June 13 (Bloomberg) -- BlackRock Inc., the world’s biggest money manager, criticized the state and federal settlement with banks over their faulty foreclosure practices and other government moves this year to increase mortgage forgiveness.
More reductions of home-loan balances in efforts to lower defaults could backfire by encouraging “underwater” borrowers currently paying on time to seek aid, potentially creating an “Armageddon scenario,” BlackRock Vice Chairman Barbara Novick said today at a press briefing.
“If you start having people who are currently paying their underwater mortgages say, ’Oh there’s a new entitlement program: My brother-in-law got a deal, my neighbor got a deal, my officemate got a deal, why shouldn’t I get a deal?’ then you’ve got a much, much bigger problem,” she said at the company’s offices in New York. “Not to belittle the current problem, but it would dwarf the current problem.”
President Barack Obama’s administration has sought to expand mortgage-principal cuts this year to bolster housing and consumers, through changes to its Home Affordable Modification Program and via the February settlement that servicers including Bank of America Corp. and JPMorgan Chase & Co. reached with the U.S. and state attorneys general. Almost 23 percent of borrowers are underwater, meaning they owe more than their homes are worth, according to real estate data firm CoreLogic Inc.
The so-called robo-signing accord is also unfair because it lets banks pay for their poor practices through changes to loans held within bonds and without writing off their own second-lien home-equity debt, Novick said. Her comments echoed those by investors including Pacific Investment Management Co., Angelo Gordon & Co. and DoubleLine Capital LP.
“I don’t understand why that’s not a headline every day until it gets reversed,” she said, referring to the credit that banks get under the $25 billion settlement for changes they make as servicers to investor-owned debt.
The Federal Housing Finance Agency, the overseer of Fannie Mae and Freddie Mac, has delayed deciding whether to allow the government-supported companies to step up their use of principal forgiveness as a result of the changes to HAMP. Edward J. DeMarco, the FHFA’s head, has cited the risk of fueling new defaults, saying three out of every four underwater homeowners with Fannie Mae and Freddie Mac loans are now paying on time.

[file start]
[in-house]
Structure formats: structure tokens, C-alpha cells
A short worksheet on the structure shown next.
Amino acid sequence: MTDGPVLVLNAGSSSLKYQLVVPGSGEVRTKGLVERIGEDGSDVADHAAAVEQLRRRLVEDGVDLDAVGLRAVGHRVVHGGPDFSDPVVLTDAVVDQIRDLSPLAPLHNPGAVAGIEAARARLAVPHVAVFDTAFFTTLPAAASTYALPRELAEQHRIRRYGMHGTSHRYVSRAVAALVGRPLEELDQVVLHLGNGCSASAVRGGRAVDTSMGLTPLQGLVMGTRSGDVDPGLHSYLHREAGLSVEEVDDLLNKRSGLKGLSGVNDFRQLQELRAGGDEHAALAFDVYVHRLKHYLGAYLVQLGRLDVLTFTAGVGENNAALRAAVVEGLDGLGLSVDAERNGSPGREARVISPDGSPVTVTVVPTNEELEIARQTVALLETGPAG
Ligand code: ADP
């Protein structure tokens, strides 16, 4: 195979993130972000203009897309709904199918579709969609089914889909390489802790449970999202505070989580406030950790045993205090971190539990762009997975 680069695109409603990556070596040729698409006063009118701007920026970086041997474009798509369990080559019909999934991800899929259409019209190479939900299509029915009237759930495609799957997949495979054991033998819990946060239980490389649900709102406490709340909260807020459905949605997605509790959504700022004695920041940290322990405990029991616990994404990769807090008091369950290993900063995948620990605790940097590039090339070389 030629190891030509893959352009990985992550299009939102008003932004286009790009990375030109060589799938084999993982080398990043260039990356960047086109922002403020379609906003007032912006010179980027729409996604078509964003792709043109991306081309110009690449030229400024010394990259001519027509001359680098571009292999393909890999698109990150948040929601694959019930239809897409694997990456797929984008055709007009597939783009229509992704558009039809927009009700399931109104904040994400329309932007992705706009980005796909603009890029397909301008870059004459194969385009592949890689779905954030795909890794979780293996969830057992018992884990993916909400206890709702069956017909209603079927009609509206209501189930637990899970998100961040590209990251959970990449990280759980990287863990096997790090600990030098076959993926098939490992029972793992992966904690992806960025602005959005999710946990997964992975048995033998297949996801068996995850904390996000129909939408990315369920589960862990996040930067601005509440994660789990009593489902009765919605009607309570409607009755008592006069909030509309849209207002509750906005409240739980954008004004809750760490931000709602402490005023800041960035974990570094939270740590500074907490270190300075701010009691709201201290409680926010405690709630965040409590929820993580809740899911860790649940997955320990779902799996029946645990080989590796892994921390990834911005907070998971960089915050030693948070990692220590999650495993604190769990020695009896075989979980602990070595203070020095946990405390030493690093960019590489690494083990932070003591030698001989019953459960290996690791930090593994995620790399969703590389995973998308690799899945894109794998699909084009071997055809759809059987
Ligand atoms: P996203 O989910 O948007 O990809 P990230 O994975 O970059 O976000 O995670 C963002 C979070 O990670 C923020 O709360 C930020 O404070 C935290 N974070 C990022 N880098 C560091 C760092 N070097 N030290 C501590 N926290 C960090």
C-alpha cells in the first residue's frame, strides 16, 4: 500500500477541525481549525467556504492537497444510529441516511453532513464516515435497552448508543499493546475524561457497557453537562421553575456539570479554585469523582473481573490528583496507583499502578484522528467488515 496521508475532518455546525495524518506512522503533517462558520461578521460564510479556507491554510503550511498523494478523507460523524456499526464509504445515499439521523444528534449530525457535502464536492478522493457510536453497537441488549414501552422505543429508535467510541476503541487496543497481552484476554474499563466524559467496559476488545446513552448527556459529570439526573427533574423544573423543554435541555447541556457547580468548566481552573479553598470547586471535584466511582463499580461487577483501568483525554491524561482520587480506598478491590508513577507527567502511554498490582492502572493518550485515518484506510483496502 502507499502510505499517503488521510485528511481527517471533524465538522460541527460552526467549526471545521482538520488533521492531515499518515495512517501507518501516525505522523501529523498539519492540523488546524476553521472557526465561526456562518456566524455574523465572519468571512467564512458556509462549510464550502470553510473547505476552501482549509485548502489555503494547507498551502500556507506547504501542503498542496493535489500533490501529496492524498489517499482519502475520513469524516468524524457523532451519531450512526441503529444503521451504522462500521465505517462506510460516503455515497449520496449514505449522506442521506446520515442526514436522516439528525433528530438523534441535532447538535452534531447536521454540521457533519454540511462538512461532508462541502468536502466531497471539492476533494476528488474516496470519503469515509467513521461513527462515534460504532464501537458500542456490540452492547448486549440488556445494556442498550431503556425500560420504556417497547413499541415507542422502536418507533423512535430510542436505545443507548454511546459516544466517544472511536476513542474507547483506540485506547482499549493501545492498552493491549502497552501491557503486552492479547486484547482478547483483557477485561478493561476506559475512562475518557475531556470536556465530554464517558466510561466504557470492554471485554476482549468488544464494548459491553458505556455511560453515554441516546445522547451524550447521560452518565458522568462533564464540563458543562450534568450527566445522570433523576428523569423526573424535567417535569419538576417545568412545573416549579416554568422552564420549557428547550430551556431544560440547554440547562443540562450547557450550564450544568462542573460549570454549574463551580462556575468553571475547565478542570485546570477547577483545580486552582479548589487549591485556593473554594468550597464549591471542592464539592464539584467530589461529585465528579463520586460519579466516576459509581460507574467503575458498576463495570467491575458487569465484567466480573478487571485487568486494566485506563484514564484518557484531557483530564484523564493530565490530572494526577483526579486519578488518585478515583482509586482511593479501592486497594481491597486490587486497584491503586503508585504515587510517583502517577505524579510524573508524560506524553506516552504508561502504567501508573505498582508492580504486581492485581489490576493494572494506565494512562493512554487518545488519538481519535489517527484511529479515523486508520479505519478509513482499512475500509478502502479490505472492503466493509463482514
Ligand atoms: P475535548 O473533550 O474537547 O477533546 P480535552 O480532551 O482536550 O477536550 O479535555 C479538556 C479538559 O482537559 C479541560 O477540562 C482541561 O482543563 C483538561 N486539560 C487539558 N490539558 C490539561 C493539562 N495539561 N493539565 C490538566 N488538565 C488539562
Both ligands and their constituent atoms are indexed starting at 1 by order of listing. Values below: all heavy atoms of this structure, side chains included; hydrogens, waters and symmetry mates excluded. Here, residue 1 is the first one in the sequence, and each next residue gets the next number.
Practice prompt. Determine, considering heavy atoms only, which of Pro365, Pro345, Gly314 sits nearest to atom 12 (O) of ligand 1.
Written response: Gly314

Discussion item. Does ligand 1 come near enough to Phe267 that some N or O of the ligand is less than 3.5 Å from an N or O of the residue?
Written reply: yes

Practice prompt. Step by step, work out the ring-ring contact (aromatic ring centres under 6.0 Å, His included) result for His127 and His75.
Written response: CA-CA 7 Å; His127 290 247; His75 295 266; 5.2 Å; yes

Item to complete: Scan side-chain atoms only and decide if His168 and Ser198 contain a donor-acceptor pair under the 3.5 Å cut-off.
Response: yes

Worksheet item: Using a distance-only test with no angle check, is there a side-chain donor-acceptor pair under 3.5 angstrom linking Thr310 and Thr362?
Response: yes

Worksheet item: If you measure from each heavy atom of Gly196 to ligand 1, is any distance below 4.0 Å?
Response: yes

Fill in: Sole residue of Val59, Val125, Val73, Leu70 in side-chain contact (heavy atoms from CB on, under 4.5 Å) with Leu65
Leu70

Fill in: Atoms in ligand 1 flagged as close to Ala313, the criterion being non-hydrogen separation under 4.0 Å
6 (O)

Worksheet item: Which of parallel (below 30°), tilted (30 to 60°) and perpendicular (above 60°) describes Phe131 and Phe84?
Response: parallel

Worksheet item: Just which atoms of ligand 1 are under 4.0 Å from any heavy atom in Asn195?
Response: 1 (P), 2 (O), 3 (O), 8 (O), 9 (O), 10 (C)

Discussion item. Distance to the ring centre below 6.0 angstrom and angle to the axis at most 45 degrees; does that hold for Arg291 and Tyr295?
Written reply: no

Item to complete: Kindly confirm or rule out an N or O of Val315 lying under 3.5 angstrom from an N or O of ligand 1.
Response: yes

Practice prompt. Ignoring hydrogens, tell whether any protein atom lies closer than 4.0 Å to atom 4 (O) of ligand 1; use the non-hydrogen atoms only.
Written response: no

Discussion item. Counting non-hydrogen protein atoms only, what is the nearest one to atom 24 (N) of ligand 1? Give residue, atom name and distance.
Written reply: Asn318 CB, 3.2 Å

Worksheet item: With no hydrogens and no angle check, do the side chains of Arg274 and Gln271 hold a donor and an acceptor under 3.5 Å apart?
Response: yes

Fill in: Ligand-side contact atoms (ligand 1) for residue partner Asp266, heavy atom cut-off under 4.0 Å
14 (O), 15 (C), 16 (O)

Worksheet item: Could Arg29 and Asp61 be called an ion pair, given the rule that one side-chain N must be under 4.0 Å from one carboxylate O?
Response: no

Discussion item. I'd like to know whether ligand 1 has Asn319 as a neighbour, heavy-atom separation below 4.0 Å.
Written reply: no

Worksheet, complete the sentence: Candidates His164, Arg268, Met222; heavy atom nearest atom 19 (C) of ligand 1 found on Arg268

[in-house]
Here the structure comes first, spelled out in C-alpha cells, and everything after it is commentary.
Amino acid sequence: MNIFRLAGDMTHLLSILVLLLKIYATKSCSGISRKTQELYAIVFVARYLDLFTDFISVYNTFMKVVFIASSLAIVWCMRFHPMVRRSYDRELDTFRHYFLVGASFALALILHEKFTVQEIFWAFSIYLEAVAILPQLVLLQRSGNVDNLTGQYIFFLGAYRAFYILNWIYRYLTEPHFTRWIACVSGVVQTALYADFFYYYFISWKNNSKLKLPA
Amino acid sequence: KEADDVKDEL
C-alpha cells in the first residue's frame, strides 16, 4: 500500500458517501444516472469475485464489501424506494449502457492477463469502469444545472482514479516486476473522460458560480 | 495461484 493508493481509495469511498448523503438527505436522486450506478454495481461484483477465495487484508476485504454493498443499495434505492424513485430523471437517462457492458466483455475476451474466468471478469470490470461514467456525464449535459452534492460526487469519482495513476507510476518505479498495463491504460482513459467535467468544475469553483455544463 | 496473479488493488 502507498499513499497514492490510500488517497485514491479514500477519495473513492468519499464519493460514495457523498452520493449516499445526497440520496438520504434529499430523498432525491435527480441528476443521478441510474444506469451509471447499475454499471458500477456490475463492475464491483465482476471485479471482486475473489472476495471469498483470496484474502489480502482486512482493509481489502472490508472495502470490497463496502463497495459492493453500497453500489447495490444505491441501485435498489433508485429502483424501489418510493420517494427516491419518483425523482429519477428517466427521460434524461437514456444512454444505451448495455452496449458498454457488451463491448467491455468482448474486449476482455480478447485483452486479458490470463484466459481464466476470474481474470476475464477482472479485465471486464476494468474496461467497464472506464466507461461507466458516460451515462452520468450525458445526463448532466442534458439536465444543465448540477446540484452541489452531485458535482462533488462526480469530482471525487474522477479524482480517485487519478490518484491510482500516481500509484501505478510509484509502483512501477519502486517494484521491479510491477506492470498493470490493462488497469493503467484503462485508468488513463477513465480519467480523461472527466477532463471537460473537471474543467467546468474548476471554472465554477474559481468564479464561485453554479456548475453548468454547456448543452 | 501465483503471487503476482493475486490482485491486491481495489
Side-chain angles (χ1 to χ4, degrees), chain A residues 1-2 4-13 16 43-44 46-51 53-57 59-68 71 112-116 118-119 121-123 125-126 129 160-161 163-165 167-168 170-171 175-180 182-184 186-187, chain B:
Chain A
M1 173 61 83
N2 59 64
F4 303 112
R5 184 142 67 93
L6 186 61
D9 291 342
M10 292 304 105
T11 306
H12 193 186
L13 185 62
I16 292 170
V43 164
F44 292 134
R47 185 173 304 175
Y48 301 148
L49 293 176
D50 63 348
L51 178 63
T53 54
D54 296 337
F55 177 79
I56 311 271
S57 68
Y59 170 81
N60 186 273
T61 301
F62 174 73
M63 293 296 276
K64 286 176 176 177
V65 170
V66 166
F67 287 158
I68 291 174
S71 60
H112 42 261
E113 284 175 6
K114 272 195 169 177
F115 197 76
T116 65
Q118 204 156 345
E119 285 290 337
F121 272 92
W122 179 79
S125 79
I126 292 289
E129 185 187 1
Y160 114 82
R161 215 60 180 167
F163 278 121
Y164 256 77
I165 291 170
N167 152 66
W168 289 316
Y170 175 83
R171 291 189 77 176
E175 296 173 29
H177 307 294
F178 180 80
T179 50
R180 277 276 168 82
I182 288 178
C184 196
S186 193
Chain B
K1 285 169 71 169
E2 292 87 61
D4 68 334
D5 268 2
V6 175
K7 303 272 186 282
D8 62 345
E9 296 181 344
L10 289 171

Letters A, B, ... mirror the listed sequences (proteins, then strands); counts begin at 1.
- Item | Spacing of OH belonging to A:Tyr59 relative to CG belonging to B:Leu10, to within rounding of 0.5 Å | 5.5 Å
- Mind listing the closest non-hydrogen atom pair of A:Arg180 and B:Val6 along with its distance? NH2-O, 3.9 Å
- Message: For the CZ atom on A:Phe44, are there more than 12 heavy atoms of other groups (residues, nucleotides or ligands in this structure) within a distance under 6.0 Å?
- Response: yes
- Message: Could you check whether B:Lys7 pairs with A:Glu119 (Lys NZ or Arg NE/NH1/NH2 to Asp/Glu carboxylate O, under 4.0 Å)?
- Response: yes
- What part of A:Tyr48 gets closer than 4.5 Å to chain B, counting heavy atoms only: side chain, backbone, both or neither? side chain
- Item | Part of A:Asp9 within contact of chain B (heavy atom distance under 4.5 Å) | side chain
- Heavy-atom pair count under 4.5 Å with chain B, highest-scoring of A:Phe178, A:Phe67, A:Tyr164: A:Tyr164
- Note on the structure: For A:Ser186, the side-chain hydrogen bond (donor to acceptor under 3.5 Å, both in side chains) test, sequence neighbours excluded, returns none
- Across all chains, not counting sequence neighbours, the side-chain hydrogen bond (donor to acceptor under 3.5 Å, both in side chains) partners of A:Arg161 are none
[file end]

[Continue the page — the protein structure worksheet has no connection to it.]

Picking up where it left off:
Investors have been mixed on whether more principal reductions are warranted. Pimco and hedge fund manager Greg Lippmann have said that greater targeted use of the tactic may be beneficial for bondholders while Amherst Securities Group LP analyst Laurie Goodman says a housing recovery may be thwarted by future defaults that could otherwise reach 9 million.
Goodman’s analysis has shown principal cuts reduce defaults by underwater borrowers better than changes that only lower payments, while Credit Suisse Group AG analysts say they make little difference. Goldman Sachs Group Inc. said last week that underwater borrowers are defaulting less than before.
“The impact of negative equity on default decisions has become much more muted now compared to at the height of the housing downturn,” Goldman Sachs analyst Hui Shan wrote in a June 4 report.
Homeowners with loan-to-value ratios between 140 percent and 200 percent were 4 to 7 times more likely to default than those with ratios below 70 percent in 2008 and 2009, according to the report. That fell to 2.5 times in 2011 and 2012, all else being equal, Shun said.
U.S. Housing and Urban Development Secretary Shaun Donovan told a Senate panel last month that the efforts to expand principal cuts will reduce defaults. For Fannie Mae and Freddie Mac loans, balance reductions would only be used “where they actually benefit not just the homeowner but the taxpayer as well because there is more likelihood to repay.”
BlackRock’s Novick and Randy Robertson, head of its securitized-asset investment team, said at today’s briefing that government interference will damage future efforts to bring private capital back into the mortgage market without creating much higher costs for borrowers. Government-backed programs currently account for about 90 percent of new lending.
“How do I write a model based on public policy and whether contracts are going to be adhered to,” Robertson said.
Officials saying the foreclosure settlement won’t hurt investors because servicers must only take steps in bondholders’ best interest aren’t providing any comfort to investors because they can’t trust the tests will be done right, Robertson said.
BlackRock, which is supportive of efforts to allow more borrowers to refinance underwater Fannie Mae and Freddie Mac loans, is expecting a further 3 percent to 5 percent decline in U.S. home prices, though some markets are already recovering, according to a report by the firm released at the event.
Nationally, it will probably take 6.6 years for housing supply and demand to reach equilibrium, and as much as 26.4 years in a “bear” case, the firm says. Negative forces include retiring baby boomers, consumers’ weak finances, tight mortgage credit and the “regulatory uncertainty scaring off investors,” according to the report.
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